With so many great stories to pick from, my focus here will be on the one that is “PermaFree” via Kindle as a lead-in to his “Galactic Exploration” series. “Trixie and Me” is the second of four novellas centering on the Rare Earth Hypothesis (see Cawdron’s essay for more on that topic). Manned by clones, three star ships explore the Milky Way on a quest “to find life, any life, but hopefully intelligent life.” The “Serengeti” heads out above the plane of the Milky Way. The “Savannah” explores the outer reaches of the galaxy, and the “Rift Valley” investigates possible alien signals within the galactic core.

“Trixie and Me” starts with a bang, vivid and surreal. A man named Berry hangs in mid-air, suspended with no visible means of support. A woman, Trixie, has just awakened from a fetal position, her memory hazy, but she’s awtrixieare that this is Berry and he’s intriguingly naked. With cat-like curiosity she takes in her surroundings while he exhorts her to help him. Her command of English is limited, and her non-responses to his pleas are hilarious yet maddening. She’s easily distracted and eager to play with all the new things on this alien spaceship that has apparently captured them, until the aliens draw near, and finally she follows orders well enough to get her and Berry out of the snare.

Note: this is not erotic fiction. Berry finds his clothes and is quick to give Trixie his shirt. The couple then navigate the weird world of the spaceship with its millions of insectoid creatures and DNA-collecting aliens known as “thinkers.” The story is more military science fiction than romance. After so many crushed bodies, I began speed-reading through the battles, but fans of fight scenes will devour every word. My focus is on the philosophical and literary, not the blood and guts. E.g., “Do clones have souls? Does anyone?”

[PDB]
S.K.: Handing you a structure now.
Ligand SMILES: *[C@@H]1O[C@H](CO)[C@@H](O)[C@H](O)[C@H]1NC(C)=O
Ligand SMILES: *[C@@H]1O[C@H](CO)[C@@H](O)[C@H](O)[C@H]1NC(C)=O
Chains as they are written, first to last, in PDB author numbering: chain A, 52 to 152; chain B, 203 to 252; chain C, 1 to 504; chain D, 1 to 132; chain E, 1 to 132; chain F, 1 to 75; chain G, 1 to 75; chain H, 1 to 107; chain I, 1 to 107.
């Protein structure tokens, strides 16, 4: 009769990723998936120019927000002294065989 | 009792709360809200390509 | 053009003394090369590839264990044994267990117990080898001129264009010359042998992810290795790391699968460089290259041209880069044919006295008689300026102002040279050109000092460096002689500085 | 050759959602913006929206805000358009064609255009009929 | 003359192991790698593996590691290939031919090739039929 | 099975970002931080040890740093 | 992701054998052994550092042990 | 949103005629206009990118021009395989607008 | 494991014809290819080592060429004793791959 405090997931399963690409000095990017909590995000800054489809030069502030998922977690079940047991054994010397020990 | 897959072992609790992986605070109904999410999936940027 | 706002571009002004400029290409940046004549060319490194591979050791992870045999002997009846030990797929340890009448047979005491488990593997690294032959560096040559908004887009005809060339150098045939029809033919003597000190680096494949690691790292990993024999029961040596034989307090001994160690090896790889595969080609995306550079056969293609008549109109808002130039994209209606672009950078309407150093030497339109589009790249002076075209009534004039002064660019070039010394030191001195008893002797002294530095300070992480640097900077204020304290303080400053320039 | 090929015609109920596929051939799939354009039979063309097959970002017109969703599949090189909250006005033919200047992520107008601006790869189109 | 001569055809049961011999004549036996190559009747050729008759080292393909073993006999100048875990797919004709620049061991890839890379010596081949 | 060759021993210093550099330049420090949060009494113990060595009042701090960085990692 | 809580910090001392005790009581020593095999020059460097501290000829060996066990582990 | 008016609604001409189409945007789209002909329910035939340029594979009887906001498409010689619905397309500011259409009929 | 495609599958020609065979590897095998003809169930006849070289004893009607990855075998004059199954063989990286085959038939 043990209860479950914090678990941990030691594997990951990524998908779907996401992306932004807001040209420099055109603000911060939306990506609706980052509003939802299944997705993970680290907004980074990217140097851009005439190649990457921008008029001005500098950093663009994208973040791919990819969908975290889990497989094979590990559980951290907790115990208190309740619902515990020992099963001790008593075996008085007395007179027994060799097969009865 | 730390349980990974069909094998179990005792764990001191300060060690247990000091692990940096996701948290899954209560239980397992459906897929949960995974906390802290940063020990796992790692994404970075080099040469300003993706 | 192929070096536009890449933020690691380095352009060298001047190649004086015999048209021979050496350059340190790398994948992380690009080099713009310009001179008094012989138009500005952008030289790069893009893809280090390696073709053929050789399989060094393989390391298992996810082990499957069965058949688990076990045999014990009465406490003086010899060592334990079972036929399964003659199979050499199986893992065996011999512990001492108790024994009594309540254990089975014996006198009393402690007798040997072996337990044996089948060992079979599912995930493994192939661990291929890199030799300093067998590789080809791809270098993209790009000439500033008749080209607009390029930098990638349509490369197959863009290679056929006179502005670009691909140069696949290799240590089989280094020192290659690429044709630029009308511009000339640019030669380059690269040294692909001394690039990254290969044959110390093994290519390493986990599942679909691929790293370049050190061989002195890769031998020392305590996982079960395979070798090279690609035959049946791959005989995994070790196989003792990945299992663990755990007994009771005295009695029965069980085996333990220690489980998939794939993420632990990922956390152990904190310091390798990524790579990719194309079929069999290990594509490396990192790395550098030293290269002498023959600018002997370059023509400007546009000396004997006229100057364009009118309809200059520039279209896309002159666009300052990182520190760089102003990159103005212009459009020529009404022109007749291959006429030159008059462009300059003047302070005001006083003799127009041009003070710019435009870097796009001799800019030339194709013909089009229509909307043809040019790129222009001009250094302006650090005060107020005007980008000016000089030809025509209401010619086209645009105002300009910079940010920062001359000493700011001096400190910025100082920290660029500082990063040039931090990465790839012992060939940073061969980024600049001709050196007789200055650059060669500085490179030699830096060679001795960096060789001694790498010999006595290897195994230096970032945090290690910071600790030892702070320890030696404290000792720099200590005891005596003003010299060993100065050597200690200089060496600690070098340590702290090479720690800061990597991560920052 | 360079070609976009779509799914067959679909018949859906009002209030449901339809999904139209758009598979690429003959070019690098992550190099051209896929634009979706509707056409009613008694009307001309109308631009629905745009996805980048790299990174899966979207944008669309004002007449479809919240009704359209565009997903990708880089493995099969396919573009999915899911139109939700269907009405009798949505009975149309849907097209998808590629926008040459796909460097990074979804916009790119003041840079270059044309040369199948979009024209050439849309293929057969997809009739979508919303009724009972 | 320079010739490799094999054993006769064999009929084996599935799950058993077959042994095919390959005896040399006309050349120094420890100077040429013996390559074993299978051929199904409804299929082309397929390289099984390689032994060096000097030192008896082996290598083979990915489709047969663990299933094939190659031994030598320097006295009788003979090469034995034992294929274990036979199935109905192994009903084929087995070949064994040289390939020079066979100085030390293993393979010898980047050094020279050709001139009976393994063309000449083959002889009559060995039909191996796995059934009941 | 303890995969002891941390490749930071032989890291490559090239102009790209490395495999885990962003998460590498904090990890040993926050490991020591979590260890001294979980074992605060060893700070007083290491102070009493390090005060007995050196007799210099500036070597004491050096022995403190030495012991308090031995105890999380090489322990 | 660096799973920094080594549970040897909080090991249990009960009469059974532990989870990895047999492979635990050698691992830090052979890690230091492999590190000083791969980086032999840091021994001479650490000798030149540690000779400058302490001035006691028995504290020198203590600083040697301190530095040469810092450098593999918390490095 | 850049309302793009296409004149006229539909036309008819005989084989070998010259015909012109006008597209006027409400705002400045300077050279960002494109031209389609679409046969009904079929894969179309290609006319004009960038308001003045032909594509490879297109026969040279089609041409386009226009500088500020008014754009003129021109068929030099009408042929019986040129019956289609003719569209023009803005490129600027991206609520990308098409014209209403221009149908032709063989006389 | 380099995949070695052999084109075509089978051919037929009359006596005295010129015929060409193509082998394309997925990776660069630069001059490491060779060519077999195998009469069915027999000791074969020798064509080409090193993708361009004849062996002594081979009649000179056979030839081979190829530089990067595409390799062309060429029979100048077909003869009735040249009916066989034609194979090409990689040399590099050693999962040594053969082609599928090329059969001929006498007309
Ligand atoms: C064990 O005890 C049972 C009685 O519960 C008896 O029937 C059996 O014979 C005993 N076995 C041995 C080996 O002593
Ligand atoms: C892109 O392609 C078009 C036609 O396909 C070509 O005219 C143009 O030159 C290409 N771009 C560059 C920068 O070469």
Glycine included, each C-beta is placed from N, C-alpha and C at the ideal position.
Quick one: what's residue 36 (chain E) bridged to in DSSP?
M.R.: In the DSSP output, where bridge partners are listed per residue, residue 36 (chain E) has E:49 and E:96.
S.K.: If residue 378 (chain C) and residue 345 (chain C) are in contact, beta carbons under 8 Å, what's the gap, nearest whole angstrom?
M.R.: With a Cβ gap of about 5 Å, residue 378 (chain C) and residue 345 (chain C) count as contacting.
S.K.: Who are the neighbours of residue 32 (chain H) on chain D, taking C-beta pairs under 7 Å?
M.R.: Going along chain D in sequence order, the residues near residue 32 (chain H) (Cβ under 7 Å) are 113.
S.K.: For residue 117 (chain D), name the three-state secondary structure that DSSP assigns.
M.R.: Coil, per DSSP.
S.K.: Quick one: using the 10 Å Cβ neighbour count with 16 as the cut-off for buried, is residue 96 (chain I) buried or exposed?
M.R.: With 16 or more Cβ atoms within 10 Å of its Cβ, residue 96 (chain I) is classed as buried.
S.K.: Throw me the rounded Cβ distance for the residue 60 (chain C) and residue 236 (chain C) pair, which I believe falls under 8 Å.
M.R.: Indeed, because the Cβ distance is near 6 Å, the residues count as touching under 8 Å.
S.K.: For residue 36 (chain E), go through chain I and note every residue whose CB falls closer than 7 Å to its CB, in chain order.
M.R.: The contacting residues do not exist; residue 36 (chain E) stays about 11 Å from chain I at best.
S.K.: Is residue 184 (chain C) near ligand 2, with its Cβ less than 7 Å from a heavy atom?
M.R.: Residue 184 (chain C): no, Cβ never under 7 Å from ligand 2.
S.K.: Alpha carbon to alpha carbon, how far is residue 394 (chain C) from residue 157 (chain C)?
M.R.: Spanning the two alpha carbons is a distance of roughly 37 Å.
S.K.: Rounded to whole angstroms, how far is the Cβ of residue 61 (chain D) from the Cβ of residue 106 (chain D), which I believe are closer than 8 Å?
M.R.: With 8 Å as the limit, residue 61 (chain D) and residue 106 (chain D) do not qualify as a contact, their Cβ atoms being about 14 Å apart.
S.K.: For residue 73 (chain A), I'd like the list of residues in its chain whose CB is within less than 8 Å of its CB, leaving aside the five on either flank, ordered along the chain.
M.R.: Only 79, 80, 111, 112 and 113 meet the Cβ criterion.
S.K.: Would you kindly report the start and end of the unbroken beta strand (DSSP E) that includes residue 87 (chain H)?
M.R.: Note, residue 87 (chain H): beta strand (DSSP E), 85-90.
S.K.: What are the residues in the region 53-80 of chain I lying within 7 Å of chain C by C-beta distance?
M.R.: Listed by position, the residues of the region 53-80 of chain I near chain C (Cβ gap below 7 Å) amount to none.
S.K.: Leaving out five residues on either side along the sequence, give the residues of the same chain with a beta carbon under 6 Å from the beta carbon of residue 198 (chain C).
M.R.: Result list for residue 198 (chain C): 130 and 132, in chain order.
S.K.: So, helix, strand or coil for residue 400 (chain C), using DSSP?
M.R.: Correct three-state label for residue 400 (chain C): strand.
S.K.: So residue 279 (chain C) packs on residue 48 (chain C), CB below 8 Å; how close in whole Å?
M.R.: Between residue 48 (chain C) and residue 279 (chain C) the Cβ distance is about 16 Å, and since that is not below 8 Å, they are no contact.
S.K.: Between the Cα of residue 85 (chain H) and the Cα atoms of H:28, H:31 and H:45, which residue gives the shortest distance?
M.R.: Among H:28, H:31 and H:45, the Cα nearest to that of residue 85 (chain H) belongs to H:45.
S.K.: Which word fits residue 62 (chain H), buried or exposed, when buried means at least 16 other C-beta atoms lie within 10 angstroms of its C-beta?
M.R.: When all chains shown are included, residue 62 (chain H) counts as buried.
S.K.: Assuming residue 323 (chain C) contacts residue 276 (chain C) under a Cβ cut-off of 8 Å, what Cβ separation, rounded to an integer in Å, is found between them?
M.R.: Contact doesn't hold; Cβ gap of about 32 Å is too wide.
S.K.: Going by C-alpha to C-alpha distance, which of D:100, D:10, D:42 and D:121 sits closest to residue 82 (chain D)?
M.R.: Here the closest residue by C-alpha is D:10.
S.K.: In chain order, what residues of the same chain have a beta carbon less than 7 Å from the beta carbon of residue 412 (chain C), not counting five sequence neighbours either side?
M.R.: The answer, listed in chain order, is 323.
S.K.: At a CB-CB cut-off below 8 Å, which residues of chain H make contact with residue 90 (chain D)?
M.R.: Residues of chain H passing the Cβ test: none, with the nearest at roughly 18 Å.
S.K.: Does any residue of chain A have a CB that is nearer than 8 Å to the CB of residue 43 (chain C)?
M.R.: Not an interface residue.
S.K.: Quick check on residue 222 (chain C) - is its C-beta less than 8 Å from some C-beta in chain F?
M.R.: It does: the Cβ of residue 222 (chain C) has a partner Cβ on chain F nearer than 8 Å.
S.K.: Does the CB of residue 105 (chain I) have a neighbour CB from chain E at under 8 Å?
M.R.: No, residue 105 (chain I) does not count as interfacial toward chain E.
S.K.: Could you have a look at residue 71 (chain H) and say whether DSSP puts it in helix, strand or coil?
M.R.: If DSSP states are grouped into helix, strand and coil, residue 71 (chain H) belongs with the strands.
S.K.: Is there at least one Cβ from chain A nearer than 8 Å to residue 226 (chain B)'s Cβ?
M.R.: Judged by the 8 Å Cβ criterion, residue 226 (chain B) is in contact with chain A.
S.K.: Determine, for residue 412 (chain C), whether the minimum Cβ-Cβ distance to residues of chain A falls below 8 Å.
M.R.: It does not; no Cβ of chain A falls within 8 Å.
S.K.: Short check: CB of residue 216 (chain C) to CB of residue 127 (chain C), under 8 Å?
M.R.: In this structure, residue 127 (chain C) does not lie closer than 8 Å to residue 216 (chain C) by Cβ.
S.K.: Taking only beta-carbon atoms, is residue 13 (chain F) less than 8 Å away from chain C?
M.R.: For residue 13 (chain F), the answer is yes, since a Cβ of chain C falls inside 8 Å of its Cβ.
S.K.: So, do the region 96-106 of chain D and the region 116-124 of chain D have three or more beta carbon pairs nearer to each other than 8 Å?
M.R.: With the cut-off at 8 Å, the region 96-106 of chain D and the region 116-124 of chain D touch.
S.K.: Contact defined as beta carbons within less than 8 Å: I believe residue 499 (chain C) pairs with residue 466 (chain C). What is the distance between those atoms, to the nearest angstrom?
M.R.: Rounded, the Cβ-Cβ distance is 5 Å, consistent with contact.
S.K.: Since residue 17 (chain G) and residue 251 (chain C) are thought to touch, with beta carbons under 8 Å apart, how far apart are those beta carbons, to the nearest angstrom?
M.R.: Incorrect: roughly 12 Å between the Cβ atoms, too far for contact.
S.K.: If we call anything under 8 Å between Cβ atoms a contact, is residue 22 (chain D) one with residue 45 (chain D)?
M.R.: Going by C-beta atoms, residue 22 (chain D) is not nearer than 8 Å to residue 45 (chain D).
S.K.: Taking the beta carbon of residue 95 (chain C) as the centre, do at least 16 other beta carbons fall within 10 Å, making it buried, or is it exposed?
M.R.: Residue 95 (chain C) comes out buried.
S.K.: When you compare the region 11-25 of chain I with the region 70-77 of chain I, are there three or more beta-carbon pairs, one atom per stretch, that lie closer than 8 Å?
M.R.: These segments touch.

Anderson, commander of the “Rift Valley,” poses these questions. As a clone, he harbors memories of incidents he never witnessed, and over time it’s increasingly harder for him to distinguish his own recollections from his predecessor’s. Technical thoughts have more staying power than ordinary memories, but memories associated with strong emotions “tended to hang around, clouding his mind like ghosts.” He likes thinking of his predecessor as “it,” depersonalizing and distancing “it” from him. “And what was he? What was this personal detachment from the atoms and molecules that made up his arms, his legs, his torso? What was this intimate sense of presence and perspective that defined his life?”

Anderson’s soliloquies might seem like a lull in the furiously paced action, but for me, these are the best parts of any book. The night sky looks deceptively calm; stars glowed like beacons in the darkness; “The reality, though, was that stars were seething cauldrons of superheated plasma, violent and explosive, flaring up in hellish outbursts, raging with fiery storms. Their benign appearance was a lie perpetuated only by distance.”

Naturally, I gravitate to those passages rather than the ones where a body strikes the ground with a thud, where dark fluids spray out from dead “thinkers.” I winced past Berry and his welding torch, the screams of the myriad insectoids, “their bodies burning, their innards boiling.”

This is not a pleasant first contact scenario. The aliens are so alien in nature, they treat humans as poorly as we often treated our fellow humans whenever we conquered a new continent. Hence, the quote from Stephen Hawking at the outset of the novella: “We only have to look at ourselves to see how intelligent life might develop into something we wouldn't want to meet ... I imagine they might exist in massive ships, having used up all the resources from their home planet. Such advanced aliens would perhaps become nomads, looking to conquer and colonize whatever planets they can reach ... If aliens ever visit us, I think the outcome would be much as when Christopher Columbus first landed in America, which didn't turn out very well for the Native Americans.”

Trixie, like Anderson, brings a lot of thought to her mission to stop aliens from ruthlessly collecting human DNA. It takes her a while to bring herself to kill. Before she does, she pauses over a wounded thinker, “running her soft fingertips over its hard exoskeleton. What had it seen in its life? What would be lost with its death? Did these alien creatures have any concept of individual consciousness? Did they realize the pathetic waste of death? ... Life should be lived above death, it should not perpetuate the misery that all creatures endure, given time. And yet, neither she nor Berry had brought this fight.”